Stallone, Statham, Lundgren, Li, Willis, Rourke and even a cameo from Arnie himself? I’ll give you a minute to clean up the mess you’ve just made before I continue. The Expendables boasts all these veterans of action cinema and many more, a combination of performers liable to make any man cry with unapologetic joy. However Stallone’s film (he once again assumes directorial duty) actually ends up a frenzied disappointment, a movie whose legendary cast actually work to the detriment of the final product. After all without such an orgasmic array of maestros to smear over the promotional material The Expendables would be just another forgettable, vaguely passable action flick. With them the movie is just another forgettable, vaguely passable action flick that squanders a sublime group of physical performers. It’s a crying shame.
Fronted by Barney Ross (Sylvester Stallone) The Expendables are a group of mercenaries with a lethal reputation, and a heavy sense of brotherhood. When a shady CIA operative (Bruce Willis) makes them a job offer, the team are left with much to consider. The task is to infiltrate a remote South American Island and kill the man at the head of its dictatorship, thus freeing the community from the grasps of his greed fuelled violence. On arrival they discover a dirty CIA member (Eric Roberts) is really pulling the strings, and so taking inspiration from a young and patriotic local (Giselle Itie), The Expendables get ready to complete what might be their deadliest mission yet. However aiding the villains is an old member of The Expendables called Gunner (Dolph Lundgren), a man who feels he was wrongly expelled from the squad and who now seeks revenge.
The screenplay for The Expendables is laughably thin and basically devoid of fresh narrative ideas, everything good about the film can be pretty much sourced away from Dave Callaham and Stallone’s inept script. The plotline is extremely basic and the numerous subplots peppered throughout the picture are unrewarding, one involving Statham and Buffy the Vampire Slayer alumni Charisma Carpenter is actually pointless beyond belief. The story develops in an odd and unsatisfactory way, the film enduring a 20 minute action lull in the middle that is simply punishing to endure, in which Stallone seems to think his undercooked plotting will carry the movie for the time being. It’s an idiotic artistic choice that’s fairly representative of a largely moronic movie. The dialogue is funny in spurts (The Arnie cameo ends with a scorcher) but large swathes of the movie are bogged down in overly philosophical and unjustified soul searching. It’s a frighteningly bad example of poor writing, viewers should be thankful that Stallone manages to handle the rest of the affair with slightly sharper judgement.
The cast are all adequate but nobody really gets enough time to shine, and certain performers like Jet Li and Mickey Rourke are almost totally wasted. Rourke’s lasting impact on the film actually stems from a rare example of competent writing, as he muses on the difficulties presented by an overexposure to violence and amoral behaviour, but it feels like it belongs in another movie. Li who isn’t usually much of an actor only enjoys one proper scene of martial arts majesty, but even than it isn’t one likely to rank overly high by his athletic standards. Making up the rest of The Expendables is a knife wielding Jason Statham (suitably badass), a comically versed Terry Crews and a shamefully wooden Randy Couture. Stallone works hard as the film’s most human protagonist and finds a few connective moments with Giselle Itie, but ultimately his movie is too weak in the writing and characterization department for any of this to register on a level of true emotional conviction. Eric Roberts makes for an ample (if not physically diminutive villain) but the real surprise is Dolph Lundgren, who finds a believable sense of vengeful distress as Gunner. I would never have expected to be writing this about any movie, but hell, in The Expendables Dolph Lundgren probably gives the most polished performance.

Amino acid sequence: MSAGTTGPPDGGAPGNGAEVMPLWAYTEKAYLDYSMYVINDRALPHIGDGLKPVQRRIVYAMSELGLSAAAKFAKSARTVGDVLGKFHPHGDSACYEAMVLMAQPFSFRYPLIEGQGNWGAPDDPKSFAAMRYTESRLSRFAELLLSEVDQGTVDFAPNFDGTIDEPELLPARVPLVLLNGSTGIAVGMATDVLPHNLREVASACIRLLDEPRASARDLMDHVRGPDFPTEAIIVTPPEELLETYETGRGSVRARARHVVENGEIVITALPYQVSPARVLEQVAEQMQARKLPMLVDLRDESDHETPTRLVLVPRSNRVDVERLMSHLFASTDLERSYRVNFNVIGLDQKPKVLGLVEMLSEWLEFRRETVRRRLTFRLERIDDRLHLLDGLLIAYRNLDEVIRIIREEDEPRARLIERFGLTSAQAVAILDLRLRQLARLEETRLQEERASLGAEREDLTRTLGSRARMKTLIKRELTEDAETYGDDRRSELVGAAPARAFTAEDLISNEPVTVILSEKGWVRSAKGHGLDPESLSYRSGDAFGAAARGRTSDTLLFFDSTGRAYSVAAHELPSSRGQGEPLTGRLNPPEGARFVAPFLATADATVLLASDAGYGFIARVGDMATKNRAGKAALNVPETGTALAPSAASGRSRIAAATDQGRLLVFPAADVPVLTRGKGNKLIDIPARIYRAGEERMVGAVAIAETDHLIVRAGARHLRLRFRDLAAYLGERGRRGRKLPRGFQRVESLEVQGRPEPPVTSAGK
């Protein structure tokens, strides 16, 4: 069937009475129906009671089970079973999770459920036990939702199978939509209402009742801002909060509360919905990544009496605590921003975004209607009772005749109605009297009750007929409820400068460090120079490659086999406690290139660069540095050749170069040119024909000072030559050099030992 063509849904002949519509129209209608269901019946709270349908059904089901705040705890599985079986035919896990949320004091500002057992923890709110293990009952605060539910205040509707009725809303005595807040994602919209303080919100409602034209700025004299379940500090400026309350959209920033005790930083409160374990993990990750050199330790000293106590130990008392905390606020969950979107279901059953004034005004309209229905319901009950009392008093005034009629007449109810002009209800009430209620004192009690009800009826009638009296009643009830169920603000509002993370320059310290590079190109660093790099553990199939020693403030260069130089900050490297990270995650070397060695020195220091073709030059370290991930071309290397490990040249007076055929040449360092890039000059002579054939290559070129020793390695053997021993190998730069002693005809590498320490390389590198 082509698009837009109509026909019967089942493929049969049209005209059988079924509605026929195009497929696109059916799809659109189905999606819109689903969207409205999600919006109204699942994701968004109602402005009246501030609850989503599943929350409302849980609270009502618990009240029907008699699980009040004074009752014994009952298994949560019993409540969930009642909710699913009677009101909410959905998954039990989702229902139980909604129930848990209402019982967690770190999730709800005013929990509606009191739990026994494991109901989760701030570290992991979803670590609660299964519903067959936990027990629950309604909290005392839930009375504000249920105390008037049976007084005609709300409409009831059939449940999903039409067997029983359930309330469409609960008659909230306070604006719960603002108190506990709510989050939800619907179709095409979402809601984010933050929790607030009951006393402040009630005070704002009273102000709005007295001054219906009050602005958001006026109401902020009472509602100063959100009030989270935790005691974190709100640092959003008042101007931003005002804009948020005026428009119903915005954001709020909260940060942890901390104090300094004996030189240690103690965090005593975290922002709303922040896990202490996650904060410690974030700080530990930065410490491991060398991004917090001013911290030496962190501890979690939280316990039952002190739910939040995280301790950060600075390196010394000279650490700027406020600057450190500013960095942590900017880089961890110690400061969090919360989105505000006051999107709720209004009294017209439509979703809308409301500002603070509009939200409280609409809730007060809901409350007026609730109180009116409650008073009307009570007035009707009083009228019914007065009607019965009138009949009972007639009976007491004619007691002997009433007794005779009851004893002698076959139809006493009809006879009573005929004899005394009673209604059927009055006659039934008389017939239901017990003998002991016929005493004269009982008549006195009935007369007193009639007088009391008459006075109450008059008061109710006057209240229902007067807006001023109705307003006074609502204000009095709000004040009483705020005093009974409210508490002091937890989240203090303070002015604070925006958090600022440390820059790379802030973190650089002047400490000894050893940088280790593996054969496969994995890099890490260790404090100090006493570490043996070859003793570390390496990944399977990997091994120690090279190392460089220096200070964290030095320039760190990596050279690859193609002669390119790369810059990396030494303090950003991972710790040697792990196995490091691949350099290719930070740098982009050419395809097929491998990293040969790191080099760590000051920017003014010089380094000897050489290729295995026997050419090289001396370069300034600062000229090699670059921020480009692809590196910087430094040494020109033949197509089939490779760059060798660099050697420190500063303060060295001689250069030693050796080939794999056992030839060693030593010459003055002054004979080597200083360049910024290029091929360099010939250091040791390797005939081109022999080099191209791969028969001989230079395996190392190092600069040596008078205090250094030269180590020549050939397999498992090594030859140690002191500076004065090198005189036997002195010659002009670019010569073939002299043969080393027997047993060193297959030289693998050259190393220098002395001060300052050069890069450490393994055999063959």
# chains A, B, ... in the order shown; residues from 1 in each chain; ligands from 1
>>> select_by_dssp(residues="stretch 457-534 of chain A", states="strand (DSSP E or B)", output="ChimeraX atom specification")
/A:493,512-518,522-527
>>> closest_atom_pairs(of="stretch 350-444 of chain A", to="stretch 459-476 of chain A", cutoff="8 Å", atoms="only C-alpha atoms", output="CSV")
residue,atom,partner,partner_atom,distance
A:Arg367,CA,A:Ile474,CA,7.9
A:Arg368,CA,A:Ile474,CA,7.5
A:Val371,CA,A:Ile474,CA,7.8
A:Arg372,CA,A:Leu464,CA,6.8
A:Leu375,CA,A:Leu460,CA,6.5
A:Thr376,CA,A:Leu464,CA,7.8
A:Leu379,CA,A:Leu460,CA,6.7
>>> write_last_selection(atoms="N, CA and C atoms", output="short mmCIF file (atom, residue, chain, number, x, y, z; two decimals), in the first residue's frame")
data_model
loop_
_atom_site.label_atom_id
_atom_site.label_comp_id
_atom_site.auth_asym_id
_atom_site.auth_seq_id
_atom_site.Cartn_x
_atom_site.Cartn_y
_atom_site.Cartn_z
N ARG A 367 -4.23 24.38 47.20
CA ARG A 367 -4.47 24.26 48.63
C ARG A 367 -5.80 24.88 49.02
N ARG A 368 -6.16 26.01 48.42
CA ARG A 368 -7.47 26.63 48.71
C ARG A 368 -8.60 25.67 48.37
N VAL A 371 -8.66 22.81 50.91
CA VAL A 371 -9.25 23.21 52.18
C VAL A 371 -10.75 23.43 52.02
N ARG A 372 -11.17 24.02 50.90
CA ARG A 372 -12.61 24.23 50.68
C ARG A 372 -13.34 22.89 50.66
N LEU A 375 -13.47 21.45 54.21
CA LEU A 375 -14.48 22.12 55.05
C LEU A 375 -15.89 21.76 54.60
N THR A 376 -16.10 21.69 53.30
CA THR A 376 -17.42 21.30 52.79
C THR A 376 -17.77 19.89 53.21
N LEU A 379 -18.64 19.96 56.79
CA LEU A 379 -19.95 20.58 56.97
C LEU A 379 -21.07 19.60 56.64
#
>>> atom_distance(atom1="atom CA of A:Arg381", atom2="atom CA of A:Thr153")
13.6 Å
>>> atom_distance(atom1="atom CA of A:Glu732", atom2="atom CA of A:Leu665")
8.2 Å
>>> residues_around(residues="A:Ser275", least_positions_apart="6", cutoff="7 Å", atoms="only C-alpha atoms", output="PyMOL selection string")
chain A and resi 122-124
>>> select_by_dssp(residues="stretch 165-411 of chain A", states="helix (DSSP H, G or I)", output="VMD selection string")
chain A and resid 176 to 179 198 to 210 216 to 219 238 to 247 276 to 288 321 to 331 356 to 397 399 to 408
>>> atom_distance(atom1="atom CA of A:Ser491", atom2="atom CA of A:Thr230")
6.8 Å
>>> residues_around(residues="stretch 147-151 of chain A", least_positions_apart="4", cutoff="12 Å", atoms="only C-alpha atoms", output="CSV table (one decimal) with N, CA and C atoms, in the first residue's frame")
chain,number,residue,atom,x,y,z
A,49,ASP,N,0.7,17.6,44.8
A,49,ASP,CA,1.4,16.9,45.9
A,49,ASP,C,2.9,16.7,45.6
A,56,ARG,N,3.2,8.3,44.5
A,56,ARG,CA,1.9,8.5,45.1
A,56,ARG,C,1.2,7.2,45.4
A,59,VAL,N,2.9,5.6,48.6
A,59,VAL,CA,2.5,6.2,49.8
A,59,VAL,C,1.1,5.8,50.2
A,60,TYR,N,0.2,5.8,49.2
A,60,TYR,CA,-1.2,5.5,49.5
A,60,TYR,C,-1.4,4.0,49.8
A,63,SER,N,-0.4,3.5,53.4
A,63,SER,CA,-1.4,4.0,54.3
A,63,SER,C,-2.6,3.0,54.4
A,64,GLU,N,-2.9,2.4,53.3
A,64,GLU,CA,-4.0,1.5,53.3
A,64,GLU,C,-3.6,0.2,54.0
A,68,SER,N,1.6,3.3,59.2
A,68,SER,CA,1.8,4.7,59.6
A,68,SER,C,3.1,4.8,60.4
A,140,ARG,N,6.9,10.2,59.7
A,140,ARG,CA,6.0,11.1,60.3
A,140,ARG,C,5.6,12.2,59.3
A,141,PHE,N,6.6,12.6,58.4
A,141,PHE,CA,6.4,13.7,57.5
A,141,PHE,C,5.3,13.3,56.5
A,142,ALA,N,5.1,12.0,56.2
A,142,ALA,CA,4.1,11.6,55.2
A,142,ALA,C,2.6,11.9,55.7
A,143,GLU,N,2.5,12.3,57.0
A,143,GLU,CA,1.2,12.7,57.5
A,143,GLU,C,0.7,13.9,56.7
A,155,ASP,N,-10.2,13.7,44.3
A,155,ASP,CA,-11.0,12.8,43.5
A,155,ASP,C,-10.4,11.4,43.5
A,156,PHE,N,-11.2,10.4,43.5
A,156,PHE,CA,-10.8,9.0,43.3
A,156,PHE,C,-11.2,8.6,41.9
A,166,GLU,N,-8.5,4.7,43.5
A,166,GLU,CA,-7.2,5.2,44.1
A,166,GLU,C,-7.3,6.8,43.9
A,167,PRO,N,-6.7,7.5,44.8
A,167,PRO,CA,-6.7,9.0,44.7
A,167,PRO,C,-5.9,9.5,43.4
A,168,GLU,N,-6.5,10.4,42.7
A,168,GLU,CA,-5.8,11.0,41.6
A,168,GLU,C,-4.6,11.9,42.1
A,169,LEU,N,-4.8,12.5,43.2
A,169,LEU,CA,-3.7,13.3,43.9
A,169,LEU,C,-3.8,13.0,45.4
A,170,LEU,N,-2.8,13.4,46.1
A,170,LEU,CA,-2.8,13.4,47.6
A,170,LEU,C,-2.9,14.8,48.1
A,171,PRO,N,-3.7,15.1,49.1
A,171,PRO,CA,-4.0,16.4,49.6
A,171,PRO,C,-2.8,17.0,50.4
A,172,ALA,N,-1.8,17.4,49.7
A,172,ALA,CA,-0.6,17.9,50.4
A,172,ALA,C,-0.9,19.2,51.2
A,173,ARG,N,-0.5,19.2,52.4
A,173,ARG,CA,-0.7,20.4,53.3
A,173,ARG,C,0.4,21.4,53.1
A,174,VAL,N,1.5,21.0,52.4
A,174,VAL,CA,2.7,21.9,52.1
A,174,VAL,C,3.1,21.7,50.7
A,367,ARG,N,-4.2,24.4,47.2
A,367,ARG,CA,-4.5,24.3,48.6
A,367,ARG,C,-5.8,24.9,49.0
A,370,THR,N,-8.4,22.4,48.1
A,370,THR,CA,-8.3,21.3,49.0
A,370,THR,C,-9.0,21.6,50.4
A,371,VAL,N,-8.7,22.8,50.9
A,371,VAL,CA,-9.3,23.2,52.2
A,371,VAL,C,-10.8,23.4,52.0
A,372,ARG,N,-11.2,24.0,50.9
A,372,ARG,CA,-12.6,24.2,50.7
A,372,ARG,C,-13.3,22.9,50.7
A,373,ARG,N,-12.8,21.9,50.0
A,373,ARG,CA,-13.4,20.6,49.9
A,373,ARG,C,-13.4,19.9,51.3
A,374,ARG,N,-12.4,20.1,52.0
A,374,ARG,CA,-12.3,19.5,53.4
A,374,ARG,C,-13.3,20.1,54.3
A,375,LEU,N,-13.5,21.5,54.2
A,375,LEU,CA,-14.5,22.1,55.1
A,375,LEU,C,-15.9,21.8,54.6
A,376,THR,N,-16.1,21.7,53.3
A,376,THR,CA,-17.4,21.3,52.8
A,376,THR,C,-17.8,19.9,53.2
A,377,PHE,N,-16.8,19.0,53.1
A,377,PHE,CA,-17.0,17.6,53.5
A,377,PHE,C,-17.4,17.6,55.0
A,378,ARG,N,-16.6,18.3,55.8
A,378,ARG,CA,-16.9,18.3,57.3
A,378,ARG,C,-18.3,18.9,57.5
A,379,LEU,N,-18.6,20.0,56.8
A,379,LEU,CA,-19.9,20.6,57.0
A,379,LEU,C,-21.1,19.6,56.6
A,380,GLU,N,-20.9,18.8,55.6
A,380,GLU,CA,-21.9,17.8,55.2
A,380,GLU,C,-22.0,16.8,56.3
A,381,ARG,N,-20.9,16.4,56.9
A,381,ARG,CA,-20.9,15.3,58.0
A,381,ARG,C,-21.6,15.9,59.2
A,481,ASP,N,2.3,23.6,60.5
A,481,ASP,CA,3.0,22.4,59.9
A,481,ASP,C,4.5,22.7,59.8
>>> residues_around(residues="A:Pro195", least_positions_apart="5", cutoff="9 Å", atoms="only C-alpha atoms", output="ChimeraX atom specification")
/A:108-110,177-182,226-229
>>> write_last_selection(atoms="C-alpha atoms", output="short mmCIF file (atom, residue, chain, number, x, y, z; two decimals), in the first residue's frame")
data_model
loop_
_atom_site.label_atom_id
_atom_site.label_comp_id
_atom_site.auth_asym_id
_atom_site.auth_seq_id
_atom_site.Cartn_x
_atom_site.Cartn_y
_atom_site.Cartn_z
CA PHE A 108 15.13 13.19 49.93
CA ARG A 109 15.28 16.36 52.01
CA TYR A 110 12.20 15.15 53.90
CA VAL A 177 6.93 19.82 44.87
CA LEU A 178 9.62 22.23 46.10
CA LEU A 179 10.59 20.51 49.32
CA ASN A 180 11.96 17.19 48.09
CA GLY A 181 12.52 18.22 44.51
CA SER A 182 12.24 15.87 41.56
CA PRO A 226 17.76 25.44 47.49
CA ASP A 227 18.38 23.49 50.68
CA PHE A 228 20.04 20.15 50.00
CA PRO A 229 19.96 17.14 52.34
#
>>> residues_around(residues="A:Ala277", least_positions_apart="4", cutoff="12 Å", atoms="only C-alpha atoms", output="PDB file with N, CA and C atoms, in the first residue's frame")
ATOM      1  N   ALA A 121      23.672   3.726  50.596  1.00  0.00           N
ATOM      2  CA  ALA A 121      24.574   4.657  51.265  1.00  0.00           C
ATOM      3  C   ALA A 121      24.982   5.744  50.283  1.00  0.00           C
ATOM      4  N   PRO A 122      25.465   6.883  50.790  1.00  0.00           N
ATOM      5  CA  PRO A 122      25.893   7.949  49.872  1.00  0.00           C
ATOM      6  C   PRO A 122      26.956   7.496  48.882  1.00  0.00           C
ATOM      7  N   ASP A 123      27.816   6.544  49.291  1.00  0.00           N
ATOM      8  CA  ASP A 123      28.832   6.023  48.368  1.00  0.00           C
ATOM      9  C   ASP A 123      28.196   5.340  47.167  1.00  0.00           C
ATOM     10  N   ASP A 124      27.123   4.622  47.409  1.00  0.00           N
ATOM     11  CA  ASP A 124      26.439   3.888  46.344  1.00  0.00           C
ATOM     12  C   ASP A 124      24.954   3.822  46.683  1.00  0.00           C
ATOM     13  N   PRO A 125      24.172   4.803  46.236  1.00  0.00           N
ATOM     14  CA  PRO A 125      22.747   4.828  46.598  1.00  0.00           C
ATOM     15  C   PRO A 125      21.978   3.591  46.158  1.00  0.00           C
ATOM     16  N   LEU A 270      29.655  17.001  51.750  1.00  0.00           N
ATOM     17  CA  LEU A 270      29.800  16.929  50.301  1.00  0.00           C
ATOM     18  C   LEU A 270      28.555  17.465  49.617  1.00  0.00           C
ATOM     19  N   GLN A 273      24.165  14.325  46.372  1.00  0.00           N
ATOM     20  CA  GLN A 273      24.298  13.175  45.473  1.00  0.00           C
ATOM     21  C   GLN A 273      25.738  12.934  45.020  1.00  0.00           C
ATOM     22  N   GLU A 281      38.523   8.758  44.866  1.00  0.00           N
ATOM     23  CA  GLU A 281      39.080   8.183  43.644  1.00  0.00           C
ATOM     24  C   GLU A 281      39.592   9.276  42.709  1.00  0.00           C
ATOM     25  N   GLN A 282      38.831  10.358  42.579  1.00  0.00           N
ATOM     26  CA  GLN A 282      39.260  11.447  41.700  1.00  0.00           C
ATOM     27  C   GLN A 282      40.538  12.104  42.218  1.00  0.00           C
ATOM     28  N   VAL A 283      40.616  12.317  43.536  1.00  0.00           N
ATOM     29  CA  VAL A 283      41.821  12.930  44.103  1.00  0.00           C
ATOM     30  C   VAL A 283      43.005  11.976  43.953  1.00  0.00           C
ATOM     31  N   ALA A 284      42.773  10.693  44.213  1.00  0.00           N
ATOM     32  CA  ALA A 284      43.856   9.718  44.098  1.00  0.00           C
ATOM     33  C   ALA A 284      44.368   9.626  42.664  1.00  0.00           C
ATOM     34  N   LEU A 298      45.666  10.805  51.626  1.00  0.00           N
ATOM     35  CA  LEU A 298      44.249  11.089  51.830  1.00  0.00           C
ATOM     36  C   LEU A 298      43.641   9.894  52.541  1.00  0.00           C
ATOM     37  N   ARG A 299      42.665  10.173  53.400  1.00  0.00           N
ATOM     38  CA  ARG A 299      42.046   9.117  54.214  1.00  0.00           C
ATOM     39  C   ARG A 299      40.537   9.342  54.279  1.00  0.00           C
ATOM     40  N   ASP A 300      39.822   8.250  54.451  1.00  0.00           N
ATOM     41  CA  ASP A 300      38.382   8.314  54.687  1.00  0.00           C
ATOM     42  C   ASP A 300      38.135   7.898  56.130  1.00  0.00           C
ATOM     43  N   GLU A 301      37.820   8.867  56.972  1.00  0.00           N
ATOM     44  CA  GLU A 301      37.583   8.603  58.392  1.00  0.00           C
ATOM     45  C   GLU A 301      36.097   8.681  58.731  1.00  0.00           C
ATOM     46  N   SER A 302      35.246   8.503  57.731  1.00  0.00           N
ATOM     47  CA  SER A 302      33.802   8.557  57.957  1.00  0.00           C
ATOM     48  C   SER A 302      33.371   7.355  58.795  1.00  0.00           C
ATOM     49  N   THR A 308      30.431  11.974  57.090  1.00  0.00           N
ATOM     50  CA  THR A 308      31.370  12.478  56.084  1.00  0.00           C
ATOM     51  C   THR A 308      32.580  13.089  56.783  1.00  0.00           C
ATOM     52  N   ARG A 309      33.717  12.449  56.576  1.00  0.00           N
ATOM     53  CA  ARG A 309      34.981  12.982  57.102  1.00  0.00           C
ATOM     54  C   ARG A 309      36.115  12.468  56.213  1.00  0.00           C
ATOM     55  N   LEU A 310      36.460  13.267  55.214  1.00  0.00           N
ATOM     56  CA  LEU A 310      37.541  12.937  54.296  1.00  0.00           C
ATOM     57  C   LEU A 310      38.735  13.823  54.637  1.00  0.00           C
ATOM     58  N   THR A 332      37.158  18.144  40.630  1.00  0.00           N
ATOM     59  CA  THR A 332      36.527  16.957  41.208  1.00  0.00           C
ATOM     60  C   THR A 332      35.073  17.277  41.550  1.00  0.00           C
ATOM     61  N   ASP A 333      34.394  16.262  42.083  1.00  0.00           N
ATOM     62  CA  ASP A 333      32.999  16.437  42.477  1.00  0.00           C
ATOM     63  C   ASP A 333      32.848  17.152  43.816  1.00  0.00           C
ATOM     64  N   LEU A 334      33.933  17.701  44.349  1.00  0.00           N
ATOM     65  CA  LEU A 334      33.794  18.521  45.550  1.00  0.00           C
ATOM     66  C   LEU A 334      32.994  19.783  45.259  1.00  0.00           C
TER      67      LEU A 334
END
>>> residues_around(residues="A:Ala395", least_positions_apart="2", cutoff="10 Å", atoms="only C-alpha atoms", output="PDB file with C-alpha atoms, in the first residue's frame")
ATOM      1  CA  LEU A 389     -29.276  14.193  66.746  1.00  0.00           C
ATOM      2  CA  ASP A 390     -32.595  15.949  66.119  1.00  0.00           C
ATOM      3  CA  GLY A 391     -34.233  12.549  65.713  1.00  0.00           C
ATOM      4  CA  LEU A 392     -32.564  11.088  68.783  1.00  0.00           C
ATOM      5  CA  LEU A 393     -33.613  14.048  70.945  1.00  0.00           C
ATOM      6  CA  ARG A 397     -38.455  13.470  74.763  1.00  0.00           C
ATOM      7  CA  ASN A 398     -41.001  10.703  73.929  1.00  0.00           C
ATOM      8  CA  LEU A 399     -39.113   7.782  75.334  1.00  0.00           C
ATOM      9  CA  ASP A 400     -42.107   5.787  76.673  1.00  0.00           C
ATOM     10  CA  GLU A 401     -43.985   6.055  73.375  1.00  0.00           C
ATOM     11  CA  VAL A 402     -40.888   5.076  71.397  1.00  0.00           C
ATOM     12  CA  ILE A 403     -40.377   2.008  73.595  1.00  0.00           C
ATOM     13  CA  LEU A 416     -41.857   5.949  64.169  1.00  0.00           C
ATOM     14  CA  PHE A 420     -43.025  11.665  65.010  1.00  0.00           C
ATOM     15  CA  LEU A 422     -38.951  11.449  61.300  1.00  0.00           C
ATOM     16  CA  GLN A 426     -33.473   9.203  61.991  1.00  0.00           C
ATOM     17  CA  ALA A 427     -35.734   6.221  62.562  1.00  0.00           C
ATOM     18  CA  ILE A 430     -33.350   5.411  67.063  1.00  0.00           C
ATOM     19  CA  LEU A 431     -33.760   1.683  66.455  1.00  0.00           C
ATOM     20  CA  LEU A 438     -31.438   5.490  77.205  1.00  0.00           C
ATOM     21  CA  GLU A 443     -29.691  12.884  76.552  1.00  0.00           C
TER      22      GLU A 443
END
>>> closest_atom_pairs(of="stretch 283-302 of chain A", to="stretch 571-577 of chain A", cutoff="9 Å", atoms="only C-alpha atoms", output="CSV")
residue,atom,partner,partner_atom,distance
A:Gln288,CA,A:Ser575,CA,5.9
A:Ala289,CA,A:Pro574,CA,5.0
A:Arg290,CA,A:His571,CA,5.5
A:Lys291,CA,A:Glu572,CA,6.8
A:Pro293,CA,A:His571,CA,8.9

The action sequences are well shot and exciting but lack the regularity that viewers might anticipate, The Expendables undergoing a major period of slow and unwelcome reflection in its middle act. This dull segment not only hampers the movie’s pace but also the adrenaline pumping tone of the opening and climactic displays of carnage. The film begins on an exceedingly positive note with a bloody and coherently constructed instance of bad guy bashing, whilst the climax is as explosive and overblown as any film fan could logically desire. Overall when The Expendables focuses on guns and moments of action packed exertion it delivers, it’s in the other areas that the movie completely falls flat.
The musical score by Brian Tyler lacks the iconic bombast of all the best 80s’ action vehicles, though technically Stallone has done a fantastic job of shooting and designing the aesthetic of his picture. The film is seasoned with a nice grimy flavour when it needs to be, and the filmmakers deserve props for allowing viewers to actually register what’s happening in the set-pieces. However on the whole The Expendables is a major summer let down, a movie that occasionally flirts with greatness but never truly gets close to delivering it on a grand scale. Action junkies might want to check it out for the purposes of nostalgia, but otherwise plans to see this tepid actioner can be marked down as expendable on your cinematic calendar.
Director: Sylvester Stallone
Cast: Sylvester Stallone, Jason Statham, Jet Li, Dolph Lundgren, Mickey Rourke
Runtime: 103 min